On 11 March 2020 the Ministry of Health announced that the first case of coronavirus (COVID-19) had been diagnosed in Turkey. At the time of writing, 46 additional cases have been confirmed and the total number has reached up to 47.
This pandemic will inevitably affect labour law; as part of employers’ duty to protect employees, they must take occupational health and safety measures and protect employees’ health and physical and mental integrity. Employers’ duties in this respect are set out in the Act on Occupational Health and Safety and the Code of Obligations.
Pursuant to the Code of Obligations, employers must take any measure to ensure occupational health and safety at the workplace and provide the necessary resources. Employees must abide by any measures taken with regard to occupational health and safety.
Similarly, pursuant to the Act on Occupational Health and Safety, employers must ensure employees’ occupational health and safety. When fulfilling this obligation, employers must:
- avoid creating risks;
- analyse risks that are inevitable;
- eliminate existing risks at their source;
- replace any dangerous conditions with non or less dangerous ones;
- prioritise collective protection measures over personal protection measures;
- and provide proper instructions to employees.
Employers must also adapt their health and safety measures in view of changing conditions.
Epidemics and pandemics which are deemed compulsory cause under labour law may trigger mechanisms such as employees’ right to:
- refuse to work;
- engage in short-time working; and receive unpaid leave.
- In addition, according to the Public Health Act, a ban on working may be imposed.
Employees’ right to refuse work
Employees who encounter a serious and likely risk can apply to their workplace’s board of occupational health and safety or, in the absence of such a board, to their employer and request them to determine the facts and take necessary measures. If the board or the employer agrees with the employee with regard to the risk, the employee may refuse working until the risk is eliminated.
Short-time working and allowance
Employees may have a right to engage in short-time working and receive an allowance for such during a general economic, industry-specific or regional crisis or where this is compulsory, such as during an epidemic.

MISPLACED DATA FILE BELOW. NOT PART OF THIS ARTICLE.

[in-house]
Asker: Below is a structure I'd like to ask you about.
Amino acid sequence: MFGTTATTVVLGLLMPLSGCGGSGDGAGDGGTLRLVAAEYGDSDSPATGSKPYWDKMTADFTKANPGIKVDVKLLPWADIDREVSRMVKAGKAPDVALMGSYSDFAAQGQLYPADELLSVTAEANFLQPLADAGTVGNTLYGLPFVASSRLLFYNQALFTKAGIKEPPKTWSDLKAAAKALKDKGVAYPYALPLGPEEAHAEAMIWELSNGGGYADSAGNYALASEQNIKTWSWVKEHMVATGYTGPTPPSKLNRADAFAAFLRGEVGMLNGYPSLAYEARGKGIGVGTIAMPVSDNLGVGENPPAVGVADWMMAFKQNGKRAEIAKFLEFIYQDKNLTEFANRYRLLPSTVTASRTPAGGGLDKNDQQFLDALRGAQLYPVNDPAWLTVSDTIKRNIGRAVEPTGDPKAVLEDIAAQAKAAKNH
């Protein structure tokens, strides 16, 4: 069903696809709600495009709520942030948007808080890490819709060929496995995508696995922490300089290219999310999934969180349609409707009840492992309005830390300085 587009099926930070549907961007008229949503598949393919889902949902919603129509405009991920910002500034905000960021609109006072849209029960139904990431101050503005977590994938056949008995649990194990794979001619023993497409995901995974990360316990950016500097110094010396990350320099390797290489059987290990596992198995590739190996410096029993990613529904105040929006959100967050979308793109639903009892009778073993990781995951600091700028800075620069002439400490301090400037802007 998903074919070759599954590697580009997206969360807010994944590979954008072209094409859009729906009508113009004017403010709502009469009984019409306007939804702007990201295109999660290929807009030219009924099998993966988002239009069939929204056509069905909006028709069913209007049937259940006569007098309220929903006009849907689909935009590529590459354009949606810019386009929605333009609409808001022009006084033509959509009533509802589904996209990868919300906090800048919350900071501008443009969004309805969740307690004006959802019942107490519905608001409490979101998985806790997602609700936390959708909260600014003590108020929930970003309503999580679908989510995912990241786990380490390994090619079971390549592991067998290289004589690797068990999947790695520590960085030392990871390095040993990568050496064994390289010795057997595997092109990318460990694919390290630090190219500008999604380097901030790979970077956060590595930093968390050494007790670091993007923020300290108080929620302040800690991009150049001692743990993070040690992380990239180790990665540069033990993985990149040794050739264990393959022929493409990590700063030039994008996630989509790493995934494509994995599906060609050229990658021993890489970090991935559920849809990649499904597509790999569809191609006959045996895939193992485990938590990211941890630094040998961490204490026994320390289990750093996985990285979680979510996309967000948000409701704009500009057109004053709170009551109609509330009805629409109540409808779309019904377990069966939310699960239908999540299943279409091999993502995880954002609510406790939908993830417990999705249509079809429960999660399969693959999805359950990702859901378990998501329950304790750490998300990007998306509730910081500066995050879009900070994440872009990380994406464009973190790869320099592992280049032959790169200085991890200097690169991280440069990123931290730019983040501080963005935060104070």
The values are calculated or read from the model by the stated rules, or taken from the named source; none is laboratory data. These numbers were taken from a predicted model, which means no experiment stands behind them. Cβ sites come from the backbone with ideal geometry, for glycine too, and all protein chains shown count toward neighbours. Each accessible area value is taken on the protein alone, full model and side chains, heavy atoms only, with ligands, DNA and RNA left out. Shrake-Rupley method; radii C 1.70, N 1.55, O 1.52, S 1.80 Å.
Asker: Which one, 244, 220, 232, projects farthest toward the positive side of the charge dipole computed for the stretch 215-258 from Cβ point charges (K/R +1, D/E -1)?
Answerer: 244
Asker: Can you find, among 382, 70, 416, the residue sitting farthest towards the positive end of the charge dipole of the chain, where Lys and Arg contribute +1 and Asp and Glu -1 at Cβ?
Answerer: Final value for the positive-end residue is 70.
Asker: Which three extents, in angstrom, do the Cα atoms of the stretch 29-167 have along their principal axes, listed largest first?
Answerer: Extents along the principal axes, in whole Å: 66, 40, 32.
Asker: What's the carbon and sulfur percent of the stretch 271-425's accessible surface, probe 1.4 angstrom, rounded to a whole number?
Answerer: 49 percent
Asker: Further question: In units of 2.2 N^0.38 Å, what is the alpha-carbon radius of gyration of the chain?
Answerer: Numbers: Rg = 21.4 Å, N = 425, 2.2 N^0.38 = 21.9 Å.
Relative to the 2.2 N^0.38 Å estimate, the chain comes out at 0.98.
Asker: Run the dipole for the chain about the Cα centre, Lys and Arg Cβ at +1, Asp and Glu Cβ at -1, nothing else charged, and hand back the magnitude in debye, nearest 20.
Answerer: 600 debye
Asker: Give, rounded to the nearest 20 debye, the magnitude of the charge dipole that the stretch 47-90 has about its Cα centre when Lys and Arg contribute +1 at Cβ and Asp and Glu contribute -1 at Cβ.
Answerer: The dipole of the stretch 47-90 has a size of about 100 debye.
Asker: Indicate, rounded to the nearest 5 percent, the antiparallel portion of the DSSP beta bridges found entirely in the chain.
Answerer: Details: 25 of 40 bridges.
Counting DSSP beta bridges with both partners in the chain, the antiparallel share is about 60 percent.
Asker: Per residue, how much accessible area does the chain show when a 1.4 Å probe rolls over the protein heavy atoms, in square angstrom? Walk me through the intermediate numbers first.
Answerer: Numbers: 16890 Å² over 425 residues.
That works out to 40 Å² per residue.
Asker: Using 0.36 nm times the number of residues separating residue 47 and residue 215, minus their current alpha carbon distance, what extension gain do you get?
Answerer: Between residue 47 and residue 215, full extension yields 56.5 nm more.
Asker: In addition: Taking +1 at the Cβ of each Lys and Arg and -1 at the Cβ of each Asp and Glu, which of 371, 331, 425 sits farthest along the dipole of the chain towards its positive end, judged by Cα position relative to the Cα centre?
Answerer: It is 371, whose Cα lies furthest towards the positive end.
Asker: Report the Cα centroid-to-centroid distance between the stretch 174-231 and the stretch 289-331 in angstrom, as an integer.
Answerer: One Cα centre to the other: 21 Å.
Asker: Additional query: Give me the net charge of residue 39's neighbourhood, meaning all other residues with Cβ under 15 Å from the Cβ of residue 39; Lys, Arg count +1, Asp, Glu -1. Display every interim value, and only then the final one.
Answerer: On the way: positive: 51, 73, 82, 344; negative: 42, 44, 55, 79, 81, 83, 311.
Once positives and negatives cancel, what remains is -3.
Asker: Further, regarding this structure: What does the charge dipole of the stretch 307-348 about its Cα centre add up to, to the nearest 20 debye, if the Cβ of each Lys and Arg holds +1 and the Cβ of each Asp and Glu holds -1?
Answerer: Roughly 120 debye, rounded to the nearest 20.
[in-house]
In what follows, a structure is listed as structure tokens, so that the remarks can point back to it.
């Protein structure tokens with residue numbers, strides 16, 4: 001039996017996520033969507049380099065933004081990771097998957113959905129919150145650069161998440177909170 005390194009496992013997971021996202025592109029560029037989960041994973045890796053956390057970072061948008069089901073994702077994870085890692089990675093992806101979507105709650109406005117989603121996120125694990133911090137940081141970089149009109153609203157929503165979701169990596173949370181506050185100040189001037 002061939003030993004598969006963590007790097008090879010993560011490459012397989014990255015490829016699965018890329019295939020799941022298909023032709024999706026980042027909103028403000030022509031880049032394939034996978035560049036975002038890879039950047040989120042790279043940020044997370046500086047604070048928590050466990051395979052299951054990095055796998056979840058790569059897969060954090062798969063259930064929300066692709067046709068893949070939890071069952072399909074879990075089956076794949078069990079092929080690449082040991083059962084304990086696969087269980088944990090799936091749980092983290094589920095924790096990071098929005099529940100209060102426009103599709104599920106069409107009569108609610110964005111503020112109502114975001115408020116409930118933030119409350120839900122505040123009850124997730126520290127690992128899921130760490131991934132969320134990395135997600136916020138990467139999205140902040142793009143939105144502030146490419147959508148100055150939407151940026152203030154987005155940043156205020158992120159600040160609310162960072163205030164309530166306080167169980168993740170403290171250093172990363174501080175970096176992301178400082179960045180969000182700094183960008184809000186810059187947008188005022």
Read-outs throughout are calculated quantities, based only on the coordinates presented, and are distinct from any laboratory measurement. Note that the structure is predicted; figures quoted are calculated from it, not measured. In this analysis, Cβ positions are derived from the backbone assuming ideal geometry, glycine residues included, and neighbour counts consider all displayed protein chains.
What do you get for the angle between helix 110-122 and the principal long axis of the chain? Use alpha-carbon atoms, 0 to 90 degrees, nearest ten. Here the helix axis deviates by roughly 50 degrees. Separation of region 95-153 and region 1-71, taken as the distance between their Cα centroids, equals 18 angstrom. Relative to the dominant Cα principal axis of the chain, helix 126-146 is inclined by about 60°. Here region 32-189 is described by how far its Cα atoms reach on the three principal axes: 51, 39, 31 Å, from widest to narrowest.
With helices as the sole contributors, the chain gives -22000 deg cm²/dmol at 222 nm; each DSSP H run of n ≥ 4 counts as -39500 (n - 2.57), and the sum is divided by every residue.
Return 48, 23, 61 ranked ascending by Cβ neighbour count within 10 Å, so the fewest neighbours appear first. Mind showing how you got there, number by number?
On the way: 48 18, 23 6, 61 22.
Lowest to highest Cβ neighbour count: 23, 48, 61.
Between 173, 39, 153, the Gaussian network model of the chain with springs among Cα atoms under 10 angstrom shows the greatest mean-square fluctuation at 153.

For employees to benefit from a short-time working allowance, their workplace’s working hours must be temporarily reduced by least one-third or the activity at the workplace must temporarily stop entirely or partially for at least four weeks. Employers activate this system by applying to the Employment Agency, which will pay a daily short-time working allowance to the employees for a maximum of three months if it finds the application appropriate.
Unpaid leave is another option available to employees during an epidemic, provided that the employer and employee mutually agree to its application. Either the employer or the employee may propose unpaid leave. If the proposal comes from the employee, the reason for the leave request must be reasonable and the duration must be temporary. If COVID-19 spreads significantly in Turkey, this may constitute a reasonable ground due to employees’ health concerns. However, it is not as simple for employers to propose unpaid leave. In the absence of a request from an employee or their consent, employers should ensure that they are using this option as a last resort and that they are not forcing employees to take such leave.
Ban on working
Pursuant to the Public Health Act, the Public Health Council can temporarily prohibit individuals who are certain of being capable of transmitting an illness from working.
The labour law implications of COVID-19 must not be neglected. Employers should keep in mind that they have a duty to protect their employees and must take all possible measures to ensure their occupational health and safety.
- convene their workplace’s occupational health and safety board (if one exists); inform employees of the measures being taken pertaining to COVID-19;
- restrict international travels, meetings or gatherings to the extent possible; and
- consider different working models, such as home office, in order to ensure employees’ safety and prevent COVID-19 from spreading.
At the time of writing, the government has taken several precautionary measures and most private- sector workplaces have already switched to the home-office working model.
The Ministry of Health has announced that employees who have recently travelled abroad should obtain a 14-day medical report by applying to their family practitioner or other healthcare organisations with their passport as proof of their travel. In such cases, if employers follow the standard practice in terms of sick leave, employees may benefit from the temporary incapacity allowance paid by the Social Security Institution as of the third day of their sick leave.
For further information on this topic please contact Beril Yayla Sapan or Asena Aytuğ Keser at Gün + Partners by telephone (+90 212 354 00 00) or email (firstname.lastname@example.org or email@example.com). The Gün + Partners website can be accessed at www.gun.av.tr.
For more information please contact Joseph Granato, Communications Manager at L&E Global at firstname.lastname@example.org.